But for me, it was a clear warning on following through with what I had realised and learnt over the last few years, after the collapse of Lehman and our failed attempt at raising capital for our venture in Nigeria.

As long as R > G, capital is everything. In my research of families who had been able to transition wealth into 2/3/4/ generations, I found that one of the major reasons for the inability of Nigerian families to preserve wealth through generations is that the wealth hardly exists in form of capital. I acknowledge that there are other reasons peculiar to the Nigerian economic and cultural systems that hamper wealth, but I affirm that the major reason wealth evaporates after a generation is due to lack of conversion of wealth into capital. This is why we struggle to take wealth beyond a single generation.

The following are my takeaways and recommendations:

  1. R > G : Capital is everything: Aggregate and accumulate it as if your life depends on it. Actually, your life depends on it.
  2. Capital does not have to start big. It is nice if it does start out that way, but that should not stop you. With understanding and discipline, you can start with any amount. In fact, you can subscribe to one of the Saving Apps (VFD Group can help you with this.)
  3. Effective and Efficient Management of Capital: Management of capital is very important for its preservation and growth. If you are not savvy in capital management, it is better to outsource it to trusted players, with keen supervision, than to mismanage it. I hate to plug our company, but we can do this for you.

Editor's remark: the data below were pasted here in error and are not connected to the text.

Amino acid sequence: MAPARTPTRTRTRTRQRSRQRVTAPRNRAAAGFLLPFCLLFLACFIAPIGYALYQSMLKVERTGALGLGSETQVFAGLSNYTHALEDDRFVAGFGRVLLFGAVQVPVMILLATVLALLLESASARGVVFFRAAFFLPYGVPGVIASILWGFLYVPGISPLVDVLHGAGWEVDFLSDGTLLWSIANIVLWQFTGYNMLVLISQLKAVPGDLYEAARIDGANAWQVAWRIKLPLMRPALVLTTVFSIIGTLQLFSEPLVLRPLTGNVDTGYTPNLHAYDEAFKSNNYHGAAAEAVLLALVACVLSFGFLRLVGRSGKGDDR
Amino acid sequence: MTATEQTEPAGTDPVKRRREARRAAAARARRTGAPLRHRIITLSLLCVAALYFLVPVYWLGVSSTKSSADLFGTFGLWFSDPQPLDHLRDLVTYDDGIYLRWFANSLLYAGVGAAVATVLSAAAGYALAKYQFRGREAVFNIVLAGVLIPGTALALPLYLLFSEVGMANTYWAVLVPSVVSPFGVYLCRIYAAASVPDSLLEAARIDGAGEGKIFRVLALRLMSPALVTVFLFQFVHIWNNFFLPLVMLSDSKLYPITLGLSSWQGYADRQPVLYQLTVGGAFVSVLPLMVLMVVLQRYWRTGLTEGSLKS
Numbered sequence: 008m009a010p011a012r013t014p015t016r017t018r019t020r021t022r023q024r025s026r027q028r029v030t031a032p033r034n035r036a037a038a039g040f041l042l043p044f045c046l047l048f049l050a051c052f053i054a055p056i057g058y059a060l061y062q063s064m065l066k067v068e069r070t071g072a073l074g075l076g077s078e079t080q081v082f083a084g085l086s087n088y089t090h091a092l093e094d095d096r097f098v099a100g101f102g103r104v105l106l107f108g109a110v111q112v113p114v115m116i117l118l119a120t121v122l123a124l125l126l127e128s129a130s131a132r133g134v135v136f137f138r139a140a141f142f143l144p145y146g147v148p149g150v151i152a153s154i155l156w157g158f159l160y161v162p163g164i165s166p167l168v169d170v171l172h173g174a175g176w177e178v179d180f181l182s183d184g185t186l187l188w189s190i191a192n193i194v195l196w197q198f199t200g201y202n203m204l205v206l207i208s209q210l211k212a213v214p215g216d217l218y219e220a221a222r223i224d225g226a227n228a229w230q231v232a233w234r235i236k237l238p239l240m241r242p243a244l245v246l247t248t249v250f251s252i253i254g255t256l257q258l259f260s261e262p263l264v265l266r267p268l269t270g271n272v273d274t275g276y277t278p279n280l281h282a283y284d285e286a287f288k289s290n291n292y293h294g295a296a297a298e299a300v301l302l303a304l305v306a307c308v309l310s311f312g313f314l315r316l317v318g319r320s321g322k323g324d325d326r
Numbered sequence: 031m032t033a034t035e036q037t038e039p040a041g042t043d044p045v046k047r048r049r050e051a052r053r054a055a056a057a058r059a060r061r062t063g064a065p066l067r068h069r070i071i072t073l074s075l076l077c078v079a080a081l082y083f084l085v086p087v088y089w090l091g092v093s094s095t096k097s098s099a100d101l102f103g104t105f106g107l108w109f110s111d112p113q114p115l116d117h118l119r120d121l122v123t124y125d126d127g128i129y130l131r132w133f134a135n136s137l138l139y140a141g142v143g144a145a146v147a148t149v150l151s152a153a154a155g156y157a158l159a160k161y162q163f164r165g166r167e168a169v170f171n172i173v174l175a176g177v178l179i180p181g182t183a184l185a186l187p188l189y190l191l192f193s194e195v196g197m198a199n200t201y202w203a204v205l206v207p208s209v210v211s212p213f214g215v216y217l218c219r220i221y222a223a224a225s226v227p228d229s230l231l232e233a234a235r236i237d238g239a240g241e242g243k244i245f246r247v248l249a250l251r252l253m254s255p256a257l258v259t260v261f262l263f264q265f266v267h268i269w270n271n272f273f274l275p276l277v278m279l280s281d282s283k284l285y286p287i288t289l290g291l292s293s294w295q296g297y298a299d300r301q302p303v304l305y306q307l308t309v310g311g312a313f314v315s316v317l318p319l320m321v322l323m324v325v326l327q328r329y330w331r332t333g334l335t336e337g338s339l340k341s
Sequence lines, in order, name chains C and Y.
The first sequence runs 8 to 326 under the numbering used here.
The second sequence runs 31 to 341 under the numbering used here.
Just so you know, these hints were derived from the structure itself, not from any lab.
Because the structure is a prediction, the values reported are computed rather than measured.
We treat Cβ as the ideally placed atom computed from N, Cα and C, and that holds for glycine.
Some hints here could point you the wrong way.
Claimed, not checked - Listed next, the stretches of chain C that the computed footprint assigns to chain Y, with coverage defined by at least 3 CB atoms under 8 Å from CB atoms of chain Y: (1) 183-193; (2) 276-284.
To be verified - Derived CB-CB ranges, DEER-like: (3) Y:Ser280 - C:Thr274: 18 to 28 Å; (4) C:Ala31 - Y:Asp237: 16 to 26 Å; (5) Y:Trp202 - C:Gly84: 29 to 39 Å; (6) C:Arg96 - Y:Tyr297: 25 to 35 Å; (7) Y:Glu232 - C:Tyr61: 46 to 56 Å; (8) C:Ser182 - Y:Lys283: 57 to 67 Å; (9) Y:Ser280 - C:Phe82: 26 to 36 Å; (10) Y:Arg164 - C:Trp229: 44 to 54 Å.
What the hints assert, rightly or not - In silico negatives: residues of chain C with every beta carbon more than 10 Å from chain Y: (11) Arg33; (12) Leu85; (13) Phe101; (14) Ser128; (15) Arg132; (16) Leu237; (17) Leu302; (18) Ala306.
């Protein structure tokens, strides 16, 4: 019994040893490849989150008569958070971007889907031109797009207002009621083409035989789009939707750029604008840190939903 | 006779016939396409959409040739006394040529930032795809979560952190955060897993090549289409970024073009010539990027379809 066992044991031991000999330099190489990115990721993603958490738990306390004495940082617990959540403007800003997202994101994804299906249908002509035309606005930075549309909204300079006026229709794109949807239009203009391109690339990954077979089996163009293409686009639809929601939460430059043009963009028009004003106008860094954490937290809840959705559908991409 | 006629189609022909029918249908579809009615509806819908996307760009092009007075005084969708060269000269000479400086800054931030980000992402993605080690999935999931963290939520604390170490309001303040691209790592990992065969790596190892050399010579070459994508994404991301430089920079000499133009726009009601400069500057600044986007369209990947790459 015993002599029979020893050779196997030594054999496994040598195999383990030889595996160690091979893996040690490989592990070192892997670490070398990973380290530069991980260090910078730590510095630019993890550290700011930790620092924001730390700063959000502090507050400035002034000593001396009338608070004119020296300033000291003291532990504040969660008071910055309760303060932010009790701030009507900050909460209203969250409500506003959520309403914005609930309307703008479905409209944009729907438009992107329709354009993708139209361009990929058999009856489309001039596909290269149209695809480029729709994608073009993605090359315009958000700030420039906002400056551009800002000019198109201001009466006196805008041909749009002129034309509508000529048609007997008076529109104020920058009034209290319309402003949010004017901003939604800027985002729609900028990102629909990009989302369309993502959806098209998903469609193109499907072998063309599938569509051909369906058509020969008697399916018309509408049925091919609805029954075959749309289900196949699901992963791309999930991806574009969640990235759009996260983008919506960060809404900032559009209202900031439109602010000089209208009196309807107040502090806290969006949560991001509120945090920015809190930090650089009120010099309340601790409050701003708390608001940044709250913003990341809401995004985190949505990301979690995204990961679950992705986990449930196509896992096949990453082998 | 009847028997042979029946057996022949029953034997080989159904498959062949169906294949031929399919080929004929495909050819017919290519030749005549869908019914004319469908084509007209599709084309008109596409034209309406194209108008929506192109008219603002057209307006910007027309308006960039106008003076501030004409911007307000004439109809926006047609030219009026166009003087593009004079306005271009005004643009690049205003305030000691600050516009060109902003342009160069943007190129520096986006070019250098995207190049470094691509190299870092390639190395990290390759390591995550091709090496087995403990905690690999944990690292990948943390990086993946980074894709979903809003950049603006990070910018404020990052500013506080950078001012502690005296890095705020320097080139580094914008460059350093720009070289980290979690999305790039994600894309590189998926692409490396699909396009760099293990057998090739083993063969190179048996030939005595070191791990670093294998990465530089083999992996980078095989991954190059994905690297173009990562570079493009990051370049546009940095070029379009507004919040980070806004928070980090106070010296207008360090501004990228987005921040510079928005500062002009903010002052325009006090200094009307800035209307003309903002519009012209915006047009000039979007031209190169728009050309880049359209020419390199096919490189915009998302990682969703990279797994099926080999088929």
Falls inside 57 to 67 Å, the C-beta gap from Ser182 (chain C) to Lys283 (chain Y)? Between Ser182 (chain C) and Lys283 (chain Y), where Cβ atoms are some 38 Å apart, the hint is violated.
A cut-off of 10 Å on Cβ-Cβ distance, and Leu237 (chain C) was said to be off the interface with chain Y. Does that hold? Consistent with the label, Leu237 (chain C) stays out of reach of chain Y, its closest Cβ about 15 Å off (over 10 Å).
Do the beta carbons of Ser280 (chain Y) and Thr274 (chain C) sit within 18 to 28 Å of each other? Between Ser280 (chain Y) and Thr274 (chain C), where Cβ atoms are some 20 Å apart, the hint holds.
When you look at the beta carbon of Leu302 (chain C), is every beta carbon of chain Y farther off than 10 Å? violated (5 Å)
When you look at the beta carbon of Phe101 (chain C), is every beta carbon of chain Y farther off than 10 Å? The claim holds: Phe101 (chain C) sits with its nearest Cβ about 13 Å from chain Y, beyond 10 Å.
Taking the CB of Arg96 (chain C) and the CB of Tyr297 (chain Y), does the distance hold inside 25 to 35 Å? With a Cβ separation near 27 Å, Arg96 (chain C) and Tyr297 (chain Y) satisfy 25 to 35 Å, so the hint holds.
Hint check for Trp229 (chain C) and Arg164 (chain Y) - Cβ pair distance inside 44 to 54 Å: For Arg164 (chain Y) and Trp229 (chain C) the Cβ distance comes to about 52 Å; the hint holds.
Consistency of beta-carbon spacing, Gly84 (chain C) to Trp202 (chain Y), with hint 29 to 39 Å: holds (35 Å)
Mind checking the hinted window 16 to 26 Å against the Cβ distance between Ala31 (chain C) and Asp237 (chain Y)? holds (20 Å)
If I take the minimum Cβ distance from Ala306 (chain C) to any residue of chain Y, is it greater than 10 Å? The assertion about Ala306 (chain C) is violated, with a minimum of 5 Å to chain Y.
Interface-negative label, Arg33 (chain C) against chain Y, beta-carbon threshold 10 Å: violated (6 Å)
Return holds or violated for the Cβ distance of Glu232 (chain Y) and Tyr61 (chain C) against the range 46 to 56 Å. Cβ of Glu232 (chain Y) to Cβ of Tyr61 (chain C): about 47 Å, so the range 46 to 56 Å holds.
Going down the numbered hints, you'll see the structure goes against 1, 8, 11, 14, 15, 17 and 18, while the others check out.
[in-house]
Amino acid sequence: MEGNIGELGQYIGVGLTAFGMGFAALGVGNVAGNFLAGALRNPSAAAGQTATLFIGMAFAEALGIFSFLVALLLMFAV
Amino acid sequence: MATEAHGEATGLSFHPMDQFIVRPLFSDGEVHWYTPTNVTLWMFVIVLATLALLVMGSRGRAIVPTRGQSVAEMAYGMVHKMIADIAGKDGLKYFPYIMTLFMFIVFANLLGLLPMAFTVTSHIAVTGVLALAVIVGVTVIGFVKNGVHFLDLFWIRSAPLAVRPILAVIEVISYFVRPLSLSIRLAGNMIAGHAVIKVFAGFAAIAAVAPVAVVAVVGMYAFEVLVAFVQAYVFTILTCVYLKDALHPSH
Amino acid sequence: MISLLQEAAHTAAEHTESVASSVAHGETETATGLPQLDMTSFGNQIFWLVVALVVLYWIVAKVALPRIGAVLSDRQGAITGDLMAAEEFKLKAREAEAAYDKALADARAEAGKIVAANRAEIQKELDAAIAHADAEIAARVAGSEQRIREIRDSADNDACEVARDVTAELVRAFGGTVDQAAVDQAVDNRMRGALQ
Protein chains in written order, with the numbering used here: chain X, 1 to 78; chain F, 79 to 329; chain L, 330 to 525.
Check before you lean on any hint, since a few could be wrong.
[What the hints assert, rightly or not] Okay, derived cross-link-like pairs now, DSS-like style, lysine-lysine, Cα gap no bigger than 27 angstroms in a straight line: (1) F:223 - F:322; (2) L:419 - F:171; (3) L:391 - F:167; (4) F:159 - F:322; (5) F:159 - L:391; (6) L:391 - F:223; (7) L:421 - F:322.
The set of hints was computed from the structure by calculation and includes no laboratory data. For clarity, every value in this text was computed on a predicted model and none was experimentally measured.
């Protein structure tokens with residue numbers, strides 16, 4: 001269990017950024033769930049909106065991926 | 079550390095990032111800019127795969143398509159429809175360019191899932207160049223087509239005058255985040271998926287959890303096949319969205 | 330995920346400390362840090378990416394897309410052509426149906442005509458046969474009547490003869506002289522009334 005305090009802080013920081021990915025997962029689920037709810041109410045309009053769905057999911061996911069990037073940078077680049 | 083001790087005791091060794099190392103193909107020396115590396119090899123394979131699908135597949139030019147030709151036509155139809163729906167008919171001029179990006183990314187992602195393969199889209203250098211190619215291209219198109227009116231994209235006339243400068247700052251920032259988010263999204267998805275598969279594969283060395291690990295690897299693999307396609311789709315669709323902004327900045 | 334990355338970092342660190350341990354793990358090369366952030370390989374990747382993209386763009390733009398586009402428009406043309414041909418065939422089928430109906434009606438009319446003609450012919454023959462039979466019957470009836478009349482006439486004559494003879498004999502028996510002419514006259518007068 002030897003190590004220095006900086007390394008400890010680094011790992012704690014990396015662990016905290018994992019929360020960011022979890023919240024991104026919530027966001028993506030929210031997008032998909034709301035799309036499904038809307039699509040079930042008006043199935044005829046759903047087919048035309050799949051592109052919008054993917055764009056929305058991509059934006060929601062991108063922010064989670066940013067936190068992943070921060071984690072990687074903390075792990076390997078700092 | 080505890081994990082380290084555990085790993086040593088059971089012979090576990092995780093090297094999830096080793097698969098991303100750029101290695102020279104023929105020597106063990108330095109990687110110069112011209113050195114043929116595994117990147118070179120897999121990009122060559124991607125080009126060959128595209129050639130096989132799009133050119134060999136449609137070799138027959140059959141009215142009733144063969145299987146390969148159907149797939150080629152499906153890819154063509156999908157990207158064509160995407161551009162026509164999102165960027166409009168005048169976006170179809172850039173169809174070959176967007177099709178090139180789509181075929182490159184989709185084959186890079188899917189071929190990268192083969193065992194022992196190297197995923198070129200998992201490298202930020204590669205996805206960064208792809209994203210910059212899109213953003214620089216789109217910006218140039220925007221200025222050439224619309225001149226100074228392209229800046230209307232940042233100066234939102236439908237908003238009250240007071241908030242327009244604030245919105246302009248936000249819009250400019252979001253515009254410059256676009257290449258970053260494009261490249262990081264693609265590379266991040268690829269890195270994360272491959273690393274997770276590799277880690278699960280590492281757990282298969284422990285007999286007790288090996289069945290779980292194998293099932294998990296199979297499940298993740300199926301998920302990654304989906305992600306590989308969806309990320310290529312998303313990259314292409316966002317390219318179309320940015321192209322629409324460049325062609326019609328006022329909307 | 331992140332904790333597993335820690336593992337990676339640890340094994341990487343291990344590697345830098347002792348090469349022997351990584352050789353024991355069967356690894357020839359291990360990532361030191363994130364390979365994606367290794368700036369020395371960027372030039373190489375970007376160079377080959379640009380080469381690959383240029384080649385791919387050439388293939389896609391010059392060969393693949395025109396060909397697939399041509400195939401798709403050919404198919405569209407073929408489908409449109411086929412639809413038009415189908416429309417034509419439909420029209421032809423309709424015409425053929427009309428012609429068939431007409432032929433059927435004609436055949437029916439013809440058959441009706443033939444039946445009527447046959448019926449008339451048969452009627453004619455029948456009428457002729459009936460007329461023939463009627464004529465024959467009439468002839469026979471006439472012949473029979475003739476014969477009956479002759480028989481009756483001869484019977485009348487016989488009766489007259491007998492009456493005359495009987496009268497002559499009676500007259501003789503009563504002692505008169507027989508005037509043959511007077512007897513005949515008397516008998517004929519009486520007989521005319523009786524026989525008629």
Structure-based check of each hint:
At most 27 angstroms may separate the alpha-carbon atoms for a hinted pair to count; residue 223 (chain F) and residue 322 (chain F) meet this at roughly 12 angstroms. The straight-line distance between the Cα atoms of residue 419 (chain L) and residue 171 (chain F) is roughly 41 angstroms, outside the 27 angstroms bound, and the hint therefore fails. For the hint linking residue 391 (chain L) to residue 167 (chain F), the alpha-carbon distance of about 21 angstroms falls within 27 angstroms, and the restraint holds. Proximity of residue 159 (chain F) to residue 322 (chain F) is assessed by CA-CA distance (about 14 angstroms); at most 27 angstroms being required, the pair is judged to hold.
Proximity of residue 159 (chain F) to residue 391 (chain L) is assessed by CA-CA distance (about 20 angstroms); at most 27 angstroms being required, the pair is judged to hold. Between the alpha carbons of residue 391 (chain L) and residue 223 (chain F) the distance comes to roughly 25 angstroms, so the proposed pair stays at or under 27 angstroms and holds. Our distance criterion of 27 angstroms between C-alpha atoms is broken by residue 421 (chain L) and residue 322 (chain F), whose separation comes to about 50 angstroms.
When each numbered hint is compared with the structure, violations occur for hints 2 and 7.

4. Law of Compounding Interest: This simple concept is what separates a life of financial security and otherwise. Aggregate the capital, find the right products/company to manage it, sit back and let compounding interest get you richer.
  5. In times of risk and economic failures, capital suffer losses — sometimes huge — but it is also the biggest gainer in a time of recovery. This explains why we have seen people with capital/assets survive burst and boom cycles, time and time again. The biggest gains of the recovery since the crisis, are capital owners.

This piece originally appeared on the Medium page of Niyi Addenubi, Executive Director, Institutional Business and Investor Relations, VFD Group.